Summer Fun - School Work_Top_2

Summer is upon us once again, and for the majority of students this means time away from school. Unfortunately, it is well-documented that students at every level experience about three months of learning losses in both math and reading when not engaged in educational activities during the summer. I am here to tell you that although summer might constitute a break from school, it doesn’t have to be a break from learning. In fact, summer is the ideal time for students to not only close existing learning gaps, but to strengthen their academic skills for the upcoming school year. Simply setting aside at least one half an hour every day can thwart this so-called “summer slide”….and all while leaving plenty of time for summer fun!

As the parent, you are in the best position to understand what gaps are present in your child’s learning, and as you begin to plan for your child’s days without a school schedule, please remember that your interest and participation are crucial in making a real difference in these areas. Begin by pinpointing those subjects your child had the most trouble learning this previous school year, and make sure to dedicate some time for practice in these areas. If your goal is advancement, ask your child’s teacher what they will be learning in the next grade, and ask for ideas on how you can begin building those skills throughout the summer. There are so many easy and fun activities you can do with your child to help them preserve their current skills, but also to grow during the summer months. The following are some easy, yet specific tips I would like to share in these two crucial content areas.


During these precious summer months, students finally have ample time to read for mere enjoyment. As such, one of your summer activities should include a family trip to the public library to check out books of interest. For struggling readers, I recommend reading with your child everyday – even taking turns – and especially assist them with sounding out those challenging words. You can also help your child better understand what they are reading through targeted questioning and discussion, but since vocabulary is critical in this endeavor, be sure to keep a dictionary close by for those new vocabulary words you are bound to meet along the way. I strongly encourage you to use every resource available to you, which includes anything from educational websites to simply participating in your library’s summer reading program. And just to add to the summer fun, on family game night make sure to deliberately include games like Scrabble, Upwords, Taboo, or crossword puzzles to aid in strengthening everyone’s spelling and vocabulary skills.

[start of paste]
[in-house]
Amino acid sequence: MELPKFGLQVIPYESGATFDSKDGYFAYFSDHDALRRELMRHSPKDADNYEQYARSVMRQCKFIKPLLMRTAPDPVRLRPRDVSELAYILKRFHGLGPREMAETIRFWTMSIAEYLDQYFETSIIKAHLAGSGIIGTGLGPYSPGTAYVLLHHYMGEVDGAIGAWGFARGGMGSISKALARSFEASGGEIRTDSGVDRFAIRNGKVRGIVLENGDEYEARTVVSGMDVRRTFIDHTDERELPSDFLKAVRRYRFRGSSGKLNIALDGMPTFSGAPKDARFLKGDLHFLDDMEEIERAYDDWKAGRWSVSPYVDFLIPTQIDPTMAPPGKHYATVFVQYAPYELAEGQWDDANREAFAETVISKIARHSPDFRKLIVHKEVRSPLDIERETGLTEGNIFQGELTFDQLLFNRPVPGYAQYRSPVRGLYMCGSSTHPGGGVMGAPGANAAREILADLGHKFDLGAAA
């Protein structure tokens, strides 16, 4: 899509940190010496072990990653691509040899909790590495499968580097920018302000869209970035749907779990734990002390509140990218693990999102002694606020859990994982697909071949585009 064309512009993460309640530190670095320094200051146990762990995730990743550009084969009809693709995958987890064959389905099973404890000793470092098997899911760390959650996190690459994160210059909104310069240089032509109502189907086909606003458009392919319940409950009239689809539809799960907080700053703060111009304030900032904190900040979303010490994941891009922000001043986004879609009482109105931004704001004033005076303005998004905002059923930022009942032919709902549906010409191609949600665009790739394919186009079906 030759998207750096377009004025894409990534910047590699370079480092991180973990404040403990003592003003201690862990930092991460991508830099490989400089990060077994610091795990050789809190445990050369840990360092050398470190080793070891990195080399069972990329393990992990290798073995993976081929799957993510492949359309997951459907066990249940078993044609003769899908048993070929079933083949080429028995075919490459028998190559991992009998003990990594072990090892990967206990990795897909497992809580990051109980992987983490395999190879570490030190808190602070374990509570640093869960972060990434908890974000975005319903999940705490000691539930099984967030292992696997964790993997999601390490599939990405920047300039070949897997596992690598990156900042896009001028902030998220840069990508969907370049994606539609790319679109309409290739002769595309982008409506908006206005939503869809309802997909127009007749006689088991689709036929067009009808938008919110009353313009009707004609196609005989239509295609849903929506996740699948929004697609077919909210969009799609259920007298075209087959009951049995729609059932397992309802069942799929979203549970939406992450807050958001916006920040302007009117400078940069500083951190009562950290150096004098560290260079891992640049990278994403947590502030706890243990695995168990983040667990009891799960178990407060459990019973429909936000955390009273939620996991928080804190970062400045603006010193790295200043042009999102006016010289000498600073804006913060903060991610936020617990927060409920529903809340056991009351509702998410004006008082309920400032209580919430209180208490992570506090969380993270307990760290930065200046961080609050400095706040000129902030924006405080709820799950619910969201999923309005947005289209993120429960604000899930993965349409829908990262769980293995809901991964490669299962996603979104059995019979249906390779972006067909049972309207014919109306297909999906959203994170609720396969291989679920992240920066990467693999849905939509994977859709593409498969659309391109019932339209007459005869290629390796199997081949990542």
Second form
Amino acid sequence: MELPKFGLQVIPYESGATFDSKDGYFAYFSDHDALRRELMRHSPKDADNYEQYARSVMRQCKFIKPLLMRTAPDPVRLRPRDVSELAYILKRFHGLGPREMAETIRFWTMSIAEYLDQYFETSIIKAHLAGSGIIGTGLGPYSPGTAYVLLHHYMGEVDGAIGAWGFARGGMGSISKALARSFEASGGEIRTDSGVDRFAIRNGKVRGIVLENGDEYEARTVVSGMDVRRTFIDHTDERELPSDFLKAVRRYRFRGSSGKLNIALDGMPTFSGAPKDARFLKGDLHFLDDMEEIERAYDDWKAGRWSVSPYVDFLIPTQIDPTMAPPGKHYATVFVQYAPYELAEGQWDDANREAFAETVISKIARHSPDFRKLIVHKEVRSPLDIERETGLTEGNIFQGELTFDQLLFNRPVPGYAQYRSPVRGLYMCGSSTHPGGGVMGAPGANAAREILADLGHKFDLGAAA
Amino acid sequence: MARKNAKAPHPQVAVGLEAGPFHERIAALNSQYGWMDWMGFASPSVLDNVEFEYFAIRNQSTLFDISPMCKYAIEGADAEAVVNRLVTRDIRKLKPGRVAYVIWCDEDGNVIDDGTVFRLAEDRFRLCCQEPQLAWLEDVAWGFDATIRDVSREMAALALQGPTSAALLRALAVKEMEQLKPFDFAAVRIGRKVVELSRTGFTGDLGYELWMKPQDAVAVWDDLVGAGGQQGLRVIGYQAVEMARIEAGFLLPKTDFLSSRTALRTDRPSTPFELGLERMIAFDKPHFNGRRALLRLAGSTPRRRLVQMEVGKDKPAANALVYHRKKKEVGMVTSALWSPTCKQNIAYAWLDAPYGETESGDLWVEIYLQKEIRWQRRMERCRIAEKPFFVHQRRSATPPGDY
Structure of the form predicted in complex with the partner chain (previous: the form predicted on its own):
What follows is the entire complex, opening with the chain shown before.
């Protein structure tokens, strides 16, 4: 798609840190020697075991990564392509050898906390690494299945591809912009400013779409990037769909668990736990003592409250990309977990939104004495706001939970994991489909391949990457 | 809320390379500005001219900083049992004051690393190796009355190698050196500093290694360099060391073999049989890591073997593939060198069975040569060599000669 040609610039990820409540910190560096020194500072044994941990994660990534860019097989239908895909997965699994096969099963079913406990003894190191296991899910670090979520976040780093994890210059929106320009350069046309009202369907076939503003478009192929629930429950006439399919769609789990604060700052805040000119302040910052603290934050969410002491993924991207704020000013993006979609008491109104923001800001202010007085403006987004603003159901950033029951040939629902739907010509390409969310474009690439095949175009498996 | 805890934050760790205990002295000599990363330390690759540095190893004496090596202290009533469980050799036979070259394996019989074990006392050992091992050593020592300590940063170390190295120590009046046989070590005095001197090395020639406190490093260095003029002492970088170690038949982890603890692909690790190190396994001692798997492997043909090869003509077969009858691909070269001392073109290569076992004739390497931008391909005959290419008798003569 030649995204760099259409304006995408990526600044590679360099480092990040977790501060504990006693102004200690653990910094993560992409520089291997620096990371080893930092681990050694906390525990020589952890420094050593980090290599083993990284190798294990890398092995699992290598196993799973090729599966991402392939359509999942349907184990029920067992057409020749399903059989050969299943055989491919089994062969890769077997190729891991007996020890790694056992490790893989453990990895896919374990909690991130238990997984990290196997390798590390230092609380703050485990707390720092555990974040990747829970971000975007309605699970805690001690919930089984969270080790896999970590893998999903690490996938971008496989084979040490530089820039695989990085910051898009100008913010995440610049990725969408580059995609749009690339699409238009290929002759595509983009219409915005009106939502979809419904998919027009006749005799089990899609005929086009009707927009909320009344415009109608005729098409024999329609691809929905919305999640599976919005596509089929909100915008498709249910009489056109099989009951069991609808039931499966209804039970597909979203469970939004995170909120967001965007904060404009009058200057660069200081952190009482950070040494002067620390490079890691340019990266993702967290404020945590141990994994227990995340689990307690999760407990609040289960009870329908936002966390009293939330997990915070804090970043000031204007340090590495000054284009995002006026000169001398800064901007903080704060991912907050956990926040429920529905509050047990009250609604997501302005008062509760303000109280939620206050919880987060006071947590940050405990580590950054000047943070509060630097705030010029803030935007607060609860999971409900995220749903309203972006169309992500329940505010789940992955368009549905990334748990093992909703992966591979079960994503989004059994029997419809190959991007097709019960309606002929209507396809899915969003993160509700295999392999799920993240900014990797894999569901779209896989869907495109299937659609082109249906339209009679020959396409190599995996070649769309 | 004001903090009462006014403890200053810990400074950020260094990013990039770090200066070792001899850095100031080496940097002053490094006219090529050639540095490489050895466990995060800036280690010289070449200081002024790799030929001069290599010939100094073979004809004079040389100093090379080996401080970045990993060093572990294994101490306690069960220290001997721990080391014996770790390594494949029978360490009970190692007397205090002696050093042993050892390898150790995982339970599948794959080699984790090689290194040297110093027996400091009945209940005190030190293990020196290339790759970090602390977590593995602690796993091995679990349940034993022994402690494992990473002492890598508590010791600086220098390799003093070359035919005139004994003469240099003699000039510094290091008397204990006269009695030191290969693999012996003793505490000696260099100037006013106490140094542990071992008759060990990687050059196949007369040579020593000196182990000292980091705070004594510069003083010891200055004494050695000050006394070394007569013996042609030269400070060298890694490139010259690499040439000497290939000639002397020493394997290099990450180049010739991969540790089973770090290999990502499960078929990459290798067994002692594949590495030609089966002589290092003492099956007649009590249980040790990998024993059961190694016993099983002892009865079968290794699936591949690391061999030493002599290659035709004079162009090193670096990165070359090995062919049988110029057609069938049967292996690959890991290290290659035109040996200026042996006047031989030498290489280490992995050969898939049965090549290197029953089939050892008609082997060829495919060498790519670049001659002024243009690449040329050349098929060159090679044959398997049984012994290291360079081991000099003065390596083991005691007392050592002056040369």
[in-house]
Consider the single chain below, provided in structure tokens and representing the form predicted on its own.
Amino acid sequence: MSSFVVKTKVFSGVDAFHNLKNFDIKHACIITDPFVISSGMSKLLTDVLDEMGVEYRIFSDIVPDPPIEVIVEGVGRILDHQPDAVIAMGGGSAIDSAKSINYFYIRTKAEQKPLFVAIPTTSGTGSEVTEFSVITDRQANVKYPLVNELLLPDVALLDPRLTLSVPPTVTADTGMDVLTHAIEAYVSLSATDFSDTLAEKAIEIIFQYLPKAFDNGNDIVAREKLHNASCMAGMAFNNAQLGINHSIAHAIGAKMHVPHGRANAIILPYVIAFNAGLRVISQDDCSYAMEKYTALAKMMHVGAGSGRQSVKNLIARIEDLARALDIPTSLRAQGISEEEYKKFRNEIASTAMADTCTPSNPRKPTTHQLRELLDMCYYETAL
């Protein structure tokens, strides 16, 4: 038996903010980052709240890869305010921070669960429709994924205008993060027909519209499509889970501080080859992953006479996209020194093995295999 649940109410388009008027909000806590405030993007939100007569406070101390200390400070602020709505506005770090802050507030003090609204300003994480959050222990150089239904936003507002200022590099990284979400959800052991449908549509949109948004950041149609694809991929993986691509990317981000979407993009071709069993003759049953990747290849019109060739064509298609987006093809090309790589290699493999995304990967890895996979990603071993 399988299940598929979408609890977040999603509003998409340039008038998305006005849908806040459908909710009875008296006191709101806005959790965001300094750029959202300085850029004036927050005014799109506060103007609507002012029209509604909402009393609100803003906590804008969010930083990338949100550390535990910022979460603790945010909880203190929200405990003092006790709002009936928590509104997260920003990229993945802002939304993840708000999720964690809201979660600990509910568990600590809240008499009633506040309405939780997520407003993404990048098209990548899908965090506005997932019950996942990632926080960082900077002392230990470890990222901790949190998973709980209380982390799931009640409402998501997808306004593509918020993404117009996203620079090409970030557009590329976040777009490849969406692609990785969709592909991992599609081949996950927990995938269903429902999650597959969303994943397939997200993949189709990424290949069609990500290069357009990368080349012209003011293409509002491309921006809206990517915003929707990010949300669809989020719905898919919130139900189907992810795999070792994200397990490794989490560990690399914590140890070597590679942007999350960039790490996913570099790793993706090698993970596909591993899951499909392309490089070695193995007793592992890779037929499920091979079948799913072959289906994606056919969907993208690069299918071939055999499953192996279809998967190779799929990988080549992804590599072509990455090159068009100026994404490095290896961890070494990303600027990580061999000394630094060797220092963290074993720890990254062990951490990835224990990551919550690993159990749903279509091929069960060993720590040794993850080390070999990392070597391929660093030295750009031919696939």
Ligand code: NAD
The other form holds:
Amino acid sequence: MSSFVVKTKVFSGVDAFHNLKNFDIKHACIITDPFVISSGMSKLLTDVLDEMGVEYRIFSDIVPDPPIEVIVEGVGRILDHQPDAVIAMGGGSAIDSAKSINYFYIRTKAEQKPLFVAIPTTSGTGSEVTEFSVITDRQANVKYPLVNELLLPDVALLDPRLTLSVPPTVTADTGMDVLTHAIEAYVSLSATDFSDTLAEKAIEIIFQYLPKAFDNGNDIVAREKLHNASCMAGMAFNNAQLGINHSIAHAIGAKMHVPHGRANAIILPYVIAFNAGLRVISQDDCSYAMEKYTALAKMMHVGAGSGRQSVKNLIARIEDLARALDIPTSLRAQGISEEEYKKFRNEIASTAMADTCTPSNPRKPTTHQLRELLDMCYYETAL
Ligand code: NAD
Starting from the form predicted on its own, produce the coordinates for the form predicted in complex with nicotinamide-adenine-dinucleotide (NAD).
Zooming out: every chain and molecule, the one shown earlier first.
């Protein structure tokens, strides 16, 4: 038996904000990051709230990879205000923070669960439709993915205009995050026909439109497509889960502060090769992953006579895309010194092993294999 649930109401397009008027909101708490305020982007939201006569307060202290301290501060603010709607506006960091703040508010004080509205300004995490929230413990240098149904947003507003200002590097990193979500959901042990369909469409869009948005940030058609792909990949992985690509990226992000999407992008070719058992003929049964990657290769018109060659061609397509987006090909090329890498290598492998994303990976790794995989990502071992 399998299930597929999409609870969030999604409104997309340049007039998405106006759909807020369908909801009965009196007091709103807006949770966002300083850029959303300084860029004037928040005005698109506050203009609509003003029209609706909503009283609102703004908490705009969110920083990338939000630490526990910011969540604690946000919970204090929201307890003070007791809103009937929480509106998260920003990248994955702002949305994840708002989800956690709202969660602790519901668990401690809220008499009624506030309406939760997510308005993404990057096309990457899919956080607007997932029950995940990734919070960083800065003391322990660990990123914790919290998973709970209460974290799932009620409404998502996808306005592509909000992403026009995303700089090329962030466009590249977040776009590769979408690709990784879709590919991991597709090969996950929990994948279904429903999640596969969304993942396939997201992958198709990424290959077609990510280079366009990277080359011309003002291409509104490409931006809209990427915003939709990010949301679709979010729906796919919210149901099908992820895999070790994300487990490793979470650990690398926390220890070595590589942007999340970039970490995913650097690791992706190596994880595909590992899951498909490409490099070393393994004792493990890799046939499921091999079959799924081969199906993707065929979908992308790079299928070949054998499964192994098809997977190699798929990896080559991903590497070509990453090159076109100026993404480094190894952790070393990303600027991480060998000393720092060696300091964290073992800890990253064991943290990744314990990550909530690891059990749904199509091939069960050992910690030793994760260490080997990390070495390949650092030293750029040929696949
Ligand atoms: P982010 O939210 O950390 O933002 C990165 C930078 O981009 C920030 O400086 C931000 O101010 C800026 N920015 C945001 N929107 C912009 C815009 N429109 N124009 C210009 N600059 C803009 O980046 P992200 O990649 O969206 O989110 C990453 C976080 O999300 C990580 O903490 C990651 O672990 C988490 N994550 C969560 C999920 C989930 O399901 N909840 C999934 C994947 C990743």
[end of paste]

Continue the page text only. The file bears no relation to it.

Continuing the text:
Though it may not seem fun to them at the time, working on just three math problems per day over the summer can prevent students’ math skills from deteriorating. Math workbooks for every grade level are available for purchase at teacher supply stores, bookstores, or online outlets, and when utilized they can close gaps in students’ math skills, preserve their current math skills, or prepare them for next year. Additionally, while grocery shopping, you can always practice simple math skills such as predicting the total bill, calculating taxes, figuring out the best deals based on their unit measurement/weight, or simply counting change. For further practice with measurements, especially fractions, invite your child to bake or cook with you. You are not only teaching them the cooking skills they will need in life – but math – as your child learns how to measure and convert weights, volumes, and numbers. By simply modifying a recipe you can create a whole world of valuable math! For older students, the newspaper offers a wealth of ways (no pun intended) to talk about money, including stocks, bonds, and calculating returns on investments. Geometric concepts such as angles and shapes can be introduced by building something as simple as a bird house, together. Again, don’t underestimate fun and games in learning potential. There are many popular board games, such as Monopoly, Risk, Battleship, Clue, Boggle, and Chess, that reinforce math skills and critical thinking skills through making predictions, seeing and recognizing patterns, and by using strategy and logic.

In closing, summer learning can be fun and challenging at the same time. Thankfully there are many easy and fun everyday activities you can do with your child to help them maintain their skills and grow during the summer months. Whether it is going to a specific summer camp, or on family field trips to museums, they open up all kinds of opportunities and activities related to learning about math, science, geography, history, social studies, and more. However, I would like to provide you with some fun, useful, and free online resources below, and please share them with other families so that summer is a time of mutual learning and growth!

Happy Learning!!!!


Catie Wills is a teacher in the Georgia public school system and volunteers with the Hatch’s House of Hope tutoring program. Catie’s area of expertise is mathematics and will be offering tutoring during the summer break.

Contact Hatch’s House of Hope at 423.243.3471 for summer tutoring hours and to reserve your spot.

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